- People are the core of a great organization and the processes and systems you use to hire, promote, and reward them can be both enablers and blockers. Bob Sutton’s famous “no asshole rule” is an important factor when hiring people for your company, especially if they’re “star performers”. Sutton believes that star performers who are demeaning can wreak havoc on organizations. You just can’t compromise your business on people like that.
- Leadership has to play a role in the culture if the whole organization is to transform. And leading by example is a pivotal component of management enablers (and blockers: leadership can lead by poor example as well, of course). If leadership exhibits the behaviors expected of teams and individuals, then people in the organization will follow suit.
Recently the list of most watched TED talks appeared in TED blog. Very helpful to make sure you didn’t miss anything:
- Sir Ken Robinson says schools kill creativity (2006): 8,660,010 views
- Jill Bolte Taylor‘s stroke of insight (2008): 8,087,935 views
- Pranav Mistry on the thrilling potential of SixthSense (2009): 6,747,410 views
- Pattie Maes and Pranav Mistry demo SixthSense (2009): 6,731,153 views
- David Gallo‘s underwater astonishments (2007): 6,411,705 views
- Tony Robbins asks Why we do what we do (2006): 4,909,505 views
- Hans Rosling shows the best stats you’ve ever seen (2006): 3,954,776 views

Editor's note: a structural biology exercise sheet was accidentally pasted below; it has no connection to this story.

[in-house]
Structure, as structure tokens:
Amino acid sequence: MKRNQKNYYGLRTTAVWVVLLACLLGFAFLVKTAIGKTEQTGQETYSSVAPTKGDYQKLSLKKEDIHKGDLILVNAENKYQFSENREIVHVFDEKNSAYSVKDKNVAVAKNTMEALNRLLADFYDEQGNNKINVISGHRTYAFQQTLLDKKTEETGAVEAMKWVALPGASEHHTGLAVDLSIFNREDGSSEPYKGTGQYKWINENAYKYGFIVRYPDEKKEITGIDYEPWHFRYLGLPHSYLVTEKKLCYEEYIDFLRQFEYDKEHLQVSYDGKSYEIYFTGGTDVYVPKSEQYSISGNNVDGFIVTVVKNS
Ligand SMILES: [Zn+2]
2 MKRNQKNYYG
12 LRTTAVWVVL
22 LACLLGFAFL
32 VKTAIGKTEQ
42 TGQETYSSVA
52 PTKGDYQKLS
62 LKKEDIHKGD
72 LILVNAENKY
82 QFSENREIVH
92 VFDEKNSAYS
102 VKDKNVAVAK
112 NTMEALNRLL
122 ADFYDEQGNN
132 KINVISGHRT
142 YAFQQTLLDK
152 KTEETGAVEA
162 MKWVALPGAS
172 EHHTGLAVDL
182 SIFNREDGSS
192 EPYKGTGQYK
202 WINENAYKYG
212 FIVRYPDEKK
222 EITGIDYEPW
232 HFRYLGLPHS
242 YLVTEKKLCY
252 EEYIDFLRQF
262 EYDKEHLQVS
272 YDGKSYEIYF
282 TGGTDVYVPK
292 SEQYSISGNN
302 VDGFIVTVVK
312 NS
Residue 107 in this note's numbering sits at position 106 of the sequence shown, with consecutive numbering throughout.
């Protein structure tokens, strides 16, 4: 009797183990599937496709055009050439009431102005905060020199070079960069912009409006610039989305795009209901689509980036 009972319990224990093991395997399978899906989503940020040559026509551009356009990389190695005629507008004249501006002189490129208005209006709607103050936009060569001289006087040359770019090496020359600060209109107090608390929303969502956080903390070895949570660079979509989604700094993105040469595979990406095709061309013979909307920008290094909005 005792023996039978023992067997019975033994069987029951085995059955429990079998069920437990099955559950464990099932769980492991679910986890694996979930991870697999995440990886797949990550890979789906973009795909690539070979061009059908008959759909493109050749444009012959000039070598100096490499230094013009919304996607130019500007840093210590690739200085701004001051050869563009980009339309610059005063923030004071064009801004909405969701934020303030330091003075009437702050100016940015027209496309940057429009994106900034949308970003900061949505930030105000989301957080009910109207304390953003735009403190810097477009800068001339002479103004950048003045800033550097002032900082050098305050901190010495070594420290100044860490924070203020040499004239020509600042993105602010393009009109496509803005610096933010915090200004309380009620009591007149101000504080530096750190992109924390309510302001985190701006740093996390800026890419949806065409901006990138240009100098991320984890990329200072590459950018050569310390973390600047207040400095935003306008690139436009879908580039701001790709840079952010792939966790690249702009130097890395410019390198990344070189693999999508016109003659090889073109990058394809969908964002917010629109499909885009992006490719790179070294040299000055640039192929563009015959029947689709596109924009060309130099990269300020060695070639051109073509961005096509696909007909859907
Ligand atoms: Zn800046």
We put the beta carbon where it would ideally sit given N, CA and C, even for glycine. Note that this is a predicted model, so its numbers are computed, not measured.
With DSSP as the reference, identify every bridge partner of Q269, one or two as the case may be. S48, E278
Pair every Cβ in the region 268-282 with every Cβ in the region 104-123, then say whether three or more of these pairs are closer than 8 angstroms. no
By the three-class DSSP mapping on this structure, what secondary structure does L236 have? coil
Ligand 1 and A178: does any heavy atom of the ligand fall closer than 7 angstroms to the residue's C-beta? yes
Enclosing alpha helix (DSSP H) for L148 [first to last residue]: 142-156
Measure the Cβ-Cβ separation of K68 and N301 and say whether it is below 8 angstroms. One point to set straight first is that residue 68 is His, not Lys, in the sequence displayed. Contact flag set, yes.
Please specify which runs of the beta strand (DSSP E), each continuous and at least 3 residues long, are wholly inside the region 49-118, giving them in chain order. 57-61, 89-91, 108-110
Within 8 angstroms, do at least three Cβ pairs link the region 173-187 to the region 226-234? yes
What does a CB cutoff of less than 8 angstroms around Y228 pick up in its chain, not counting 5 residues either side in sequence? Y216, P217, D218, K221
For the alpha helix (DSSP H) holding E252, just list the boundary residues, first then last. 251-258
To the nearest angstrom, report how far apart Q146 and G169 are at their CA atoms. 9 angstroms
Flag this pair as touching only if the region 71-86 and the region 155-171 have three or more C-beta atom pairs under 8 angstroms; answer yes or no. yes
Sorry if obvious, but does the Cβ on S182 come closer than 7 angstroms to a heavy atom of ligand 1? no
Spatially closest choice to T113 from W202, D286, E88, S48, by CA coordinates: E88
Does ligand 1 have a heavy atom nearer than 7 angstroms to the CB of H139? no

- Arthur Benjamin does mathemagic (2005): 3,664,705 views
- Jeff Han demos his breakthrough multi-touchscreen (2006): 3,592,795 views
- Johnny Lee shows Wii Remote hacks for educators (2008): 3,225,864 views
- Blaise Aguera y Arcas runs through the Photosynth demo (2007): 3,007,440 views
- Elizabeth Gilbert on nurturing your genius (2009): 2,978,288 views
- Dan Gilbert asks: Why are we happy? (2004): 2,903,993 views
- Stephen Hawking asks big questions about the universe (2008): 2,629,230 views
- Daniel Pink on the surprising science of motivation (2009): 2,616,363 views
- Barry Schwartz on the paradox of choice (2005): 2,263,065 views
- Richard St. John shares 8 secrets of success (2005): 2,252,911 views
- Mary Roach on the 10 things you didn’t know about orgasm (2009): 2,223,822 views
- Simon Sinek on how great leaders inspire action (2010): 2,187,868 views
- Chimamanda Adichie shares the danger of a single story (2009): 2,143,763 views
But I decided to take it one step further and create a list of the most highly-rated TED talks.
Which is not hard to do using their Youtube channel statistics. So, here it is. The list of most highly-rated TED talks:
Last Friday we’ve been to the amazing presentation give by two designers traveling the world that call themselves Idea Nomads in Moscow. Oni and Zou (these are their aliases) have a goal to travel the world without taking flights.
So far, they visited China, Hong Kong, Tibet, Kazakhstan, Kyrgyzstan, Mongolia, Russia, Taiwan, Tajikistan, Uzbekistan giving various creative/design presentations and arranging the workshops and of course doing some self-PR. They don’t seem to be willing to stop so far, the route they had drawn on the world map is far from being complete.
I don’t know about you, but it’s another source of inspiration for me: